Germs are Great

If you’ve talked to me in real life for more than five minutes this year, you already know that I am currently obsessed with bacteria.  

I’m not a germophobe — quite the contrary: a host of new research shows that “good guy” bacteria — and there are billions of them on us — are extremely important in keeping us healthy.  I blogged about this  about a year ago after a report came out indicating that babies born by c-section are twice as likely to be overweight later in childhood.  Apparently, the difference is that since those babies didn’t go through the birth canal, they weren’t exposed to the good bacteria that live there, which “paint” a newborn’s skin, and get into her nose and mouth (and down into her gut) in a vaginal birth.

More recently, an article in the New York Times outlined how bacteria may also explain why breast-feeding may be protective against celiac disease and gluten intolerance:  probiotics (“good guy bacteria”) in breast milk, and pre-biotic oligosaccharides in breast milk (sugars in breast milk that exist not to feed the baby but to feed the good-guy bacteria that live in her gut) apparently help protect an infant’s gut from developing an inflammatory autoimmune response to gluten.

So, and here, today is another good piece, at Double X Science, called The Vaginal Ecosystem, which talks about changes in the bacteria that live in your birth canal during pregnancy.  The plain language explanation is:  the goo that lives in you changes while you’re pregnant because your body knows that a baby will be passing through and he’ll need to get a good coating of all your good gunk to get the best start in the world.

I guess the idea that you’re covered in germs (and that that’s a good good thing) is gross to some folks, but I think it’s awesome.  Truly, you’re the Mother Ship, and your crew are the billion germs that keep you in good condition. Go hug and kiss your kid: he’ll be all gooped up with your protective good-guys!

"When Mother Knows Best"

Here's an interesting piece over at Scary Mommy about what sounds like a vicious cycle:  a child is born and her mom is eager and enthusiastic and perhaps a bit worried about getting “everything right.”  She googles and reads about Everything, and, with a lot of work, becomes, eventually, more confident and super competent!  She has lists and Techniques and Methods and they work.  Yay, right?  She’s a little controlling about it, but oh well, whatever, right?  

Except that, according to Melissa Lawrence,years later, she ends up with her life like this on a typical Saturday: 

Time to head out? Mommy crouches down tying all the shoe laces while Daddy catches up on the iPad because Daddy doesn’t get the kids ready because he doesn’t know all the ins and outs.  Mommy hands Daddy the bag with the change of clothes, lunch and the water bottles.  The kids are firing questions at Mommy and she’s fielding them like a catcher during bating practice.  “Can I do this?”  “Why did he get that?” It’s only 9 a.m. and you’re so drained from the excess of planning, details and decision-making that you’re ready to head back to bed.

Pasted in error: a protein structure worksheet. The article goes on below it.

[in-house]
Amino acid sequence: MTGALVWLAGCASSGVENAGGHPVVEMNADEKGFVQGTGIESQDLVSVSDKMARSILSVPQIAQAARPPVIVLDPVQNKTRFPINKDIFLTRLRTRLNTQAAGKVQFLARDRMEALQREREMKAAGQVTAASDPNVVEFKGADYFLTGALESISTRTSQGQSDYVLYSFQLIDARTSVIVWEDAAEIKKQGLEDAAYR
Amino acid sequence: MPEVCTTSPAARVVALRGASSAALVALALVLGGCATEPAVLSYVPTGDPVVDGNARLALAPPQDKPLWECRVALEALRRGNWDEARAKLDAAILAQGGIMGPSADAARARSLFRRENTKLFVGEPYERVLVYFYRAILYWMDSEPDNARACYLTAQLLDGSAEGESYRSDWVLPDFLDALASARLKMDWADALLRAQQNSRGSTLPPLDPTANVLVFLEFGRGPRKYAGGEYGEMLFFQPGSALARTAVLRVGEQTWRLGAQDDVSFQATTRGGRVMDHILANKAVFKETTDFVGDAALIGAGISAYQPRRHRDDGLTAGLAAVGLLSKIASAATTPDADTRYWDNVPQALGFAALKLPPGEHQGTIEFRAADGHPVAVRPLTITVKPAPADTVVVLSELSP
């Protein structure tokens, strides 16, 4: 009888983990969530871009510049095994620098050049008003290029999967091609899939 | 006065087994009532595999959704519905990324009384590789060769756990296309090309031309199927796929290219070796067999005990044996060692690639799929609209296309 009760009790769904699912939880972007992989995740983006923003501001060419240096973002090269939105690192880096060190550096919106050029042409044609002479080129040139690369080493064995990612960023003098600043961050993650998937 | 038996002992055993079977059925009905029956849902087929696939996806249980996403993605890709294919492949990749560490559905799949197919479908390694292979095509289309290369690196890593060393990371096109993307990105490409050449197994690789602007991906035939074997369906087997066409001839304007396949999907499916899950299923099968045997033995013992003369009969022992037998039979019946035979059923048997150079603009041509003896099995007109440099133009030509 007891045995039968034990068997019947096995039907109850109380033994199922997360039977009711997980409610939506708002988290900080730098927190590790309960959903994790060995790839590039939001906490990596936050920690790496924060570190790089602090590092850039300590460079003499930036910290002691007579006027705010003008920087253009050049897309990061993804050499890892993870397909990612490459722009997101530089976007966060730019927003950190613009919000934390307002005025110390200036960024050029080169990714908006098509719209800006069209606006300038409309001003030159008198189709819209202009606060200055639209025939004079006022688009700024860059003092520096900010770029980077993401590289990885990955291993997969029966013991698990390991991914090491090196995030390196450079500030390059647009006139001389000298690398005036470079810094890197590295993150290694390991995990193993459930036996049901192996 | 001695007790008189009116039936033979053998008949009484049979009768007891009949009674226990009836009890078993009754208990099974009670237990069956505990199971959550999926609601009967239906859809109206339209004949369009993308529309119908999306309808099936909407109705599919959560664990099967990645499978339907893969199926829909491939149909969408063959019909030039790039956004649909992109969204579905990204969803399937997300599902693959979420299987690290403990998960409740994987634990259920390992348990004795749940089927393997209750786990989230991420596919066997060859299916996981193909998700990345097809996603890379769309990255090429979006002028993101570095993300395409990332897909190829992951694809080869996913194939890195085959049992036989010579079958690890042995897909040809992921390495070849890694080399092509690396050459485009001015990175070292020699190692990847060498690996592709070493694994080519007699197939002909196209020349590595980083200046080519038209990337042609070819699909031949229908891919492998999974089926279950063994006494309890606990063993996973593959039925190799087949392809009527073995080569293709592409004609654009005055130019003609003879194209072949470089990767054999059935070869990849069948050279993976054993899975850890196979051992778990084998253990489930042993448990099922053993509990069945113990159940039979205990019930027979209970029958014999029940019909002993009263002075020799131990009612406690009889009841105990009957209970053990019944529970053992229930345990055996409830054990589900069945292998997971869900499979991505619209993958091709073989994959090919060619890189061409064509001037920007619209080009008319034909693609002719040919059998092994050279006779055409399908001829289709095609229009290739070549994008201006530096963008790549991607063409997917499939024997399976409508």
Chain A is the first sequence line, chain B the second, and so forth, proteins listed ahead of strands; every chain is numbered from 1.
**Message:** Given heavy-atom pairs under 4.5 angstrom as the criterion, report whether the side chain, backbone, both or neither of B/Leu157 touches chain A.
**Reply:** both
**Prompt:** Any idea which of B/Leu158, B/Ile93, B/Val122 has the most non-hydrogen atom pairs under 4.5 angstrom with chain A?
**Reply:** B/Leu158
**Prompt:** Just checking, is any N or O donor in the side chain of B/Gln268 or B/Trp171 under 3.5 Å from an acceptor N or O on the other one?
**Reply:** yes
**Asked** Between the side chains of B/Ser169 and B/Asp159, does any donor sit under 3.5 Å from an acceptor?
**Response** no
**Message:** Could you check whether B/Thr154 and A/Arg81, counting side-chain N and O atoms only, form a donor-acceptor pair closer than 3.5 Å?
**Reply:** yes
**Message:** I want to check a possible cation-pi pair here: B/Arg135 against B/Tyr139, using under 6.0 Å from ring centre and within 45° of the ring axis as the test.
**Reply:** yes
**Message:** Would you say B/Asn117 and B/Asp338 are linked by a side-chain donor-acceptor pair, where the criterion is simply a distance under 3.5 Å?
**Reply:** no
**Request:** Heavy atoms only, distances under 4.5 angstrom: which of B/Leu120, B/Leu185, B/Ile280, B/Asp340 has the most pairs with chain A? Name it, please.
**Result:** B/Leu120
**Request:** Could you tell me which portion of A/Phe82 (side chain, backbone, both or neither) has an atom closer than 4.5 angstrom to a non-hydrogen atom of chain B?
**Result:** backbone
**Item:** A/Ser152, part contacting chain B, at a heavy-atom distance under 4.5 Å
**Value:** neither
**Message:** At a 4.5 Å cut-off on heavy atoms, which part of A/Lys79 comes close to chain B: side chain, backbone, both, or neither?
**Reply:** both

She’s basically imprisoned in kid-minutiae, alone with it, because, as Melissa puts it, she has “trained [her partner] not to make any decision whatsoever regarding the kids.” 

Well, crap.

But before you’re like, “damned if I do and damned if I don’t” about it, I think there’s a lot more to it.  

First, there are a lot of different ways women grow into motherhood — not everyone has the same experience.  Melissa advises that to prevent this scenario, moms should,

Get the hell away from that baby and let Daddy do his messy, sloppy, imperfect, thing.

But:  For some women, even people who are usually pretty easygoing, part of the learning curve is a period where she simply is … how to put it gently?  … impelled to do everything and Extremely Controlling. It makes sense, when you think about it — the baby is a bunch of mysteries at first. For many of us, every little mystery that is resolved is like a hard-won, intoxicating gift — if doing something results in a sleeping baby, or a baby who stops crying, damn right you’re going to do it every time.  And you probably should, for now, because your sanity is a major ingredient in your family’s well-being.  

And if you’re, perhaps, be a smudge curmudgeonly when someone else starts to do it wrong?  You know, we’re all human.  Try not to be obnoxious, really do try.  But honestly, you’re entitled to a few grumpy moments when you’re getting used to your life being turned on its ear. 

This Controlling Thing isn’t a “problem,” it’s normal for lots of new parents, especially while the kid is still a baby. Many, many new moms get enormous satisfaction and pride out of being the one who “can” respond to the baby!  And for others, they may simply find it very satisfying or irresistible, for now, to “do everything.”  If this is where you are, it’s right for you for now, even if it’s unlikely you’ll love or need this much control in a few years. (BTW, if you are handling everything and *not* finding it satisfying or irresistible, but are, instead, annoyed/resentful, then foist some of that shizzle upon your partner (see below)!  But for now, I’m talking about moms who find it, temporarily, OK).

I don’t think you grow out of the temporary new mom desire to Control by being told that it’s going to ruin your life later if it goes on and on.  You know what does help you grow out of it?